Stranded patients fear for the worst

Source: Stranded patients fear for the worst – The Standard

By Phyllis Mbanje

Fifty-six-year-old Maureen Nyamadzawo, who suffers from hypertension, says she has endured one of the toughest months trying to access treatment in Harare.

Nyamadzawo, from Chivi in Masvingo, has been turned away from Sally Mugabe Central Hospital on several occasions after nurses went on strike last month demanding salaries in foreign currency.

Her biggest fear is that she might have contracted Covid-19 during one of her visits to the hospital as she scrambled for public transport.

“I never got treated when I went to Harare Hospital (now Sally Mugabe) and I am now not only worried about lack of treatment, but also afraid that I could be having Covid-19,” Nyamadzawo said during one of her unsuccessful trips to the hospital.

“My relatives have been telling me that experts say people like me with other long-term diseases are likely to die of Covid-19, but I will never know whether I have the coronavirus or not because I cannot get medical attention.”

Nyamadzawo is, however, not alone in her predicament as thousands of Zimbabweans have been struggling to access health care since nurses and other healthcare workers went on strike on June 8.

The strike followed several protests by nurses at the country’s major hospitals as they try to force authorities to address their grievances that include lack of personal protective equipment and drugs.

A number of patients could be seen lying helplessly on stretchers at the Parirenyatwa Hospital casual department last week as there was no one to attend to them.

“My son, please help my father.

“He is not well and has not been eating,” said a middle-aged woman as she elbowed out another patient in front of her in a slow moving queue.

On that day the skeletal staff selected a few patients considered to be suffering from life-threatening illnesses who were attended to, while the rest were turned away.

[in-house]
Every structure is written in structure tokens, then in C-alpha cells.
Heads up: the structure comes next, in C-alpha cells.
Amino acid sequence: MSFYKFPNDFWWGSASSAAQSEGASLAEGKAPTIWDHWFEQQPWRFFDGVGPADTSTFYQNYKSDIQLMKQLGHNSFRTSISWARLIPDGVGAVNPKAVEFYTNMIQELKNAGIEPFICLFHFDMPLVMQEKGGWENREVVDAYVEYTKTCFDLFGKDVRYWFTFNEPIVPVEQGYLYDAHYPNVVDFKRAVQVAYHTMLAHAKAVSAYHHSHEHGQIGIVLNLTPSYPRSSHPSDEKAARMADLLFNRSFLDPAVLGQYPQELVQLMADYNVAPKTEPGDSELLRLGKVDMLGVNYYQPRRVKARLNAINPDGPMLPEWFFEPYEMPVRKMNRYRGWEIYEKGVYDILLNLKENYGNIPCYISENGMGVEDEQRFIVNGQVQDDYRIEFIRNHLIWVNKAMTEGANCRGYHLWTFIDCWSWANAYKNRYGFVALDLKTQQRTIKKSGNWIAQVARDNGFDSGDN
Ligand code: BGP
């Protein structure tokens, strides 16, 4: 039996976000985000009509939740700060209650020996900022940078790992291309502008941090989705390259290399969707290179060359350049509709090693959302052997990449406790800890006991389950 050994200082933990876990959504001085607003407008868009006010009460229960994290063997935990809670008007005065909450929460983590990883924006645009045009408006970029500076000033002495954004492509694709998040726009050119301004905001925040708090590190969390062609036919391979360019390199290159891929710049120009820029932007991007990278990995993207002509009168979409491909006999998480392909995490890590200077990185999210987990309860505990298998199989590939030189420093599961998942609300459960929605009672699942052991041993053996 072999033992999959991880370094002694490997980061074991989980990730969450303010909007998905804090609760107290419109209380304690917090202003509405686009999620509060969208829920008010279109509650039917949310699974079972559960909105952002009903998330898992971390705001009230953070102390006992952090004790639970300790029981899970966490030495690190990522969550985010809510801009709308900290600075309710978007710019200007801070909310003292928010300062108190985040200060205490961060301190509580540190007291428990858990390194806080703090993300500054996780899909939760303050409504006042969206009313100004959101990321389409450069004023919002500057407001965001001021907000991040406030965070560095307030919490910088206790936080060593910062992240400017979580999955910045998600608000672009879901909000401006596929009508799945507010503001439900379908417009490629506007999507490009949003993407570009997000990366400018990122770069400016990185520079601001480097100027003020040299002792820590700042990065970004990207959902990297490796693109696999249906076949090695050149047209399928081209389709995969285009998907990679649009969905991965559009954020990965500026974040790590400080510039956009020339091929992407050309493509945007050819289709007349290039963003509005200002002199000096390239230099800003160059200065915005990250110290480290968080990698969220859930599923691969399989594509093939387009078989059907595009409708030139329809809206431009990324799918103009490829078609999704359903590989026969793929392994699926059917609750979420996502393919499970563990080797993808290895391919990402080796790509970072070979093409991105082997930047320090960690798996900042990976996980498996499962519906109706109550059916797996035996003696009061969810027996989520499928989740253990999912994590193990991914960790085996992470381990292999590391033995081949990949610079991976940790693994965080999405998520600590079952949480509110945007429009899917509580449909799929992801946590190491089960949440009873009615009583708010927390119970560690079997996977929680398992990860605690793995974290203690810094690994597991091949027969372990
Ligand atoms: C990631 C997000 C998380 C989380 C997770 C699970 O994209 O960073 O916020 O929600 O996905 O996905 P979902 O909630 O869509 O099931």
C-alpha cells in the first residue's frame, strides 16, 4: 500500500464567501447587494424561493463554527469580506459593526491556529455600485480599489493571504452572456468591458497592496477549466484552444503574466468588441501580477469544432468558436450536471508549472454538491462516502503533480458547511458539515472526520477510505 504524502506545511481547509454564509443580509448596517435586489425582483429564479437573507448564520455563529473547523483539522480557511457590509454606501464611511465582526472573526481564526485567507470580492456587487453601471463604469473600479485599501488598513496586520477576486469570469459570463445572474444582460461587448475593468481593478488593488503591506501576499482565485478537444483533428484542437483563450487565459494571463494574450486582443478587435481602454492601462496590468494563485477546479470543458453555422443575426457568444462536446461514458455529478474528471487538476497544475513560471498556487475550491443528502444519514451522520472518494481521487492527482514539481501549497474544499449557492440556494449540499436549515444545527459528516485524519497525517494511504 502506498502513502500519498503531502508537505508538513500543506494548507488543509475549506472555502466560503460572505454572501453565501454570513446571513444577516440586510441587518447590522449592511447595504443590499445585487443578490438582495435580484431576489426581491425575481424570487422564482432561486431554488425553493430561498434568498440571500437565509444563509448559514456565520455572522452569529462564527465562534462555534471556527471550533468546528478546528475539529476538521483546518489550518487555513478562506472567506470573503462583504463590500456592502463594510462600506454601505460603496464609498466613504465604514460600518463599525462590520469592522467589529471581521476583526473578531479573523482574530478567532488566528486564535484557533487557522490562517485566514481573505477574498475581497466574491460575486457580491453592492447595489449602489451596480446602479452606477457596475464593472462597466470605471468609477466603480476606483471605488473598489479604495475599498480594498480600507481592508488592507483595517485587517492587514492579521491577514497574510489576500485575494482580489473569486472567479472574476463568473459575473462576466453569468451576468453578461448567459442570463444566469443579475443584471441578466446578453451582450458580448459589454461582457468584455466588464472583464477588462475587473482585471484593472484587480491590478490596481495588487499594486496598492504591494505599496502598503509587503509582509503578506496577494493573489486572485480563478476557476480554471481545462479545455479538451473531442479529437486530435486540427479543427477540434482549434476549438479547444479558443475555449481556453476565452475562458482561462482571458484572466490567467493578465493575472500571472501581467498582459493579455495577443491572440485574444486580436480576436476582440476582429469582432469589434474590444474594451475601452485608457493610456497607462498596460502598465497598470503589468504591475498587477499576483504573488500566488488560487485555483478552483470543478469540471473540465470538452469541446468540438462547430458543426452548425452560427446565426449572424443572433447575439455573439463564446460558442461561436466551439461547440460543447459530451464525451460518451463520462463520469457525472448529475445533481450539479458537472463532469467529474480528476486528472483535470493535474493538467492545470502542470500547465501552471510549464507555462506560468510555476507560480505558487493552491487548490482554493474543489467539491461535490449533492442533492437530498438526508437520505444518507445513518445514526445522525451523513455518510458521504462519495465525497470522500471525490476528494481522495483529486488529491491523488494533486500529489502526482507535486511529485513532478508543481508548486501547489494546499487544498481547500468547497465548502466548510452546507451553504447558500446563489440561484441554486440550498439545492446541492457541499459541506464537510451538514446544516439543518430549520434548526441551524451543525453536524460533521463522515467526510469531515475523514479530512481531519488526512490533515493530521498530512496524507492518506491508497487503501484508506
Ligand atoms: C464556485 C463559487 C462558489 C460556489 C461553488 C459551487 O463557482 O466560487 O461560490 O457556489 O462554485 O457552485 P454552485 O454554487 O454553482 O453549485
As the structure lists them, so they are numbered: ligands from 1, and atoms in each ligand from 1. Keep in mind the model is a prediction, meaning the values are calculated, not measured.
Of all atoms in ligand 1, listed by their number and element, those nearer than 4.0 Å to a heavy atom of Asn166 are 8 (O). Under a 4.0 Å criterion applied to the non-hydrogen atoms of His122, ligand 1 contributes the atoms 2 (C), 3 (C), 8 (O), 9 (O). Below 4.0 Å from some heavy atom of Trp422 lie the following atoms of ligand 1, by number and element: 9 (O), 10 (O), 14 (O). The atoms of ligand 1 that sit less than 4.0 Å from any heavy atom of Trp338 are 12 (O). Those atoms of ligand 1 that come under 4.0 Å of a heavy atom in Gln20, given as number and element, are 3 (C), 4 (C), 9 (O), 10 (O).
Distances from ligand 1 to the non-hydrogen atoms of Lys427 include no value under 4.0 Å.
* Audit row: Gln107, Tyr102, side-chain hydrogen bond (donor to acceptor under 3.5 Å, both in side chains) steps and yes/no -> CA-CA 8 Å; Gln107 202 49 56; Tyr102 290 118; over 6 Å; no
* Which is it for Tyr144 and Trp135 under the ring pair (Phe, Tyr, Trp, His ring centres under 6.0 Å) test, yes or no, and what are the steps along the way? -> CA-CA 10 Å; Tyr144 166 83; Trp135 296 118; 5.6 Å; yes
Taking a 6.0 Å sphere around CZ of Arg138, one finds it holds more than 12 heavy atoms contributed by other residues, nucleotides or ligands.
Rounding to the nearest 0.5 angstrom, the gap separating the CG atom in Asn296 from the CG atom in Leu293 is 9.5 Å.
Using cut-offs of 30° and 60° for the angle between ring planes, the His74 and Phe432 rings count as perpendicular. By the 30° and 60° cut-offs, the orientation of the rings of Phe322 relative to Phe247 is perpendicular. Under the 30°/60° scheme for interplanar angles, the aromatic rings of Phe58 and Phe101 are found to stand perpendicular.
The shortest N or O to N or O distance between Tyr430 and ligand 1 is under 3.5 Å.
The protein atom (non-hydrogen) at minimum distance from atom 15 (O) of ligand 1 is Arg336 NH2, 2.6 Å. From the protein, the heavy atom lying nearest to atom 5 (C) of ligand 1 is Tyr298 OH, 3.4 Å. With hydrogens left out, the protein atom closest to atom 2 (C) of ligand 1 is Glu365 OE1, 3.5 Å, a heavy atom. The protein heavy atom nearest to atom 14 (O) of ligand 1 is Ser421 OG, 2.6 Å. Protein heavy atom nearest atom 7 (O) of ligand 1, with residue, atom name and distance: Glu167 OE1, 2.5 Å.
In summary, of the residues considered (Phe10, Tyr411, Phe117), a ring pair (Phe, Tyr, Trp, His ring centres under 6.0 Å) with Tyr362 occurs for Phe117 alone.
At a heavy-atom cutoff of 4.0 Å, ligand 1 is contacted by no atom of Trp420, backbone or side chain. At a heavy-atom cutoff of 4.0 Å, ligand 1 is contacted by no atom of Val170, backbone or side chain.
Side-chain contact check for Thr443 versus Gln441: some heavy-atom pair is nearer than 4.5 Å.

“With Covid-19 everywhere, we do not want to be in a public place like this, especially with an elderly person,” said a woman accompanying her aged mother.

Fungisai Dube from Health watchdog Citizens Health Watch (CHW) said their monitors in Bulawayo encountered many cases of stranded patients in recent days.

Dube said it was high time the government addressed the labour disputes in the health sector to save lives.

“These recurrent, decades-long strikes, the corruption, have shone the spotlight on the devastating effects of lack of transparency and accountability that is apparent in the health care sector,” said Dube, who is a CHW trustee.

“It brings into sharp focus government inadequacies and what we feel is inability to effectively invest in the health of its citizens.”

The crisis in the health sector deepened last week after the government fired CEOs of all major hospitals.

Health Services Board chairperson Paulinus Sikosana said the removal of the CEOs was part of a restructuring exercise aimed at bringing sanity and transparency in the health sector.

A source at Parirenyatwa Hospital said admission of patients had been reduced significantly since the strike.

The situation is the same at Chitungwiza Central Hospital, which closed its outpatients section when Covid-19 cases started rising.

“But what is on the ground is that the outpatients was closed long back before the strike,” said a Chitungwiza Central Hospital employee, who requested to remain anonymous.

“We started attending to emergencies by then.”

On surgeries, the source said only emergencies such as caesarean sections were still being done.

At Sally Mugabe Central Hospital, most departments have been affected, including the paediatric wards which are virtually empty.

“There is growing frustration among health care workers about government shortcomings and what appears to be the inability to prioritise the welfare of health workers, a lack of explanation on the extraordinary corruption revelations and how to deal with chronic stressors such as bad infrastructure, poor governance, all obstacles to the country achieving the Sustainable Development Goals,” said Dube.

Meanwhile, the nurses are digging in, saying they can only return to work when their salaries are paid in foreign currency.

In a letter addressed to acting Health minister Amon Murwira, the Zimbabwe Nurses Association (Zina) said salaries in local currency were no longer sustainable as most businesses were now charging in foreign currency.

“If we are to negotiate for an RTGS amount … our salaries will need to be pegged at $203 332, which by merely looking at it, is unrealistic,” Zina said.

“We are aware that there have been efforts to misrepresent the position of the nurses by some quarters.

“We do not see it necessary to comment on this, but we would want to factually bring you into our confidence as to why our members are demanding payment in US dollars.”

Senior doctors last week gave a two-week notice to go on strike demanding to be paid in foreign currency and improvements in their working conditions.

Zimbabwe’s health delivery sector has been hit by strikes for the past two years as rising inflation continues to fuel unrest among government workers.

Last year doctors went on strike for four months until telecoms mogul Strive Masiyiwa offered to pay them US$300 a month in allowances.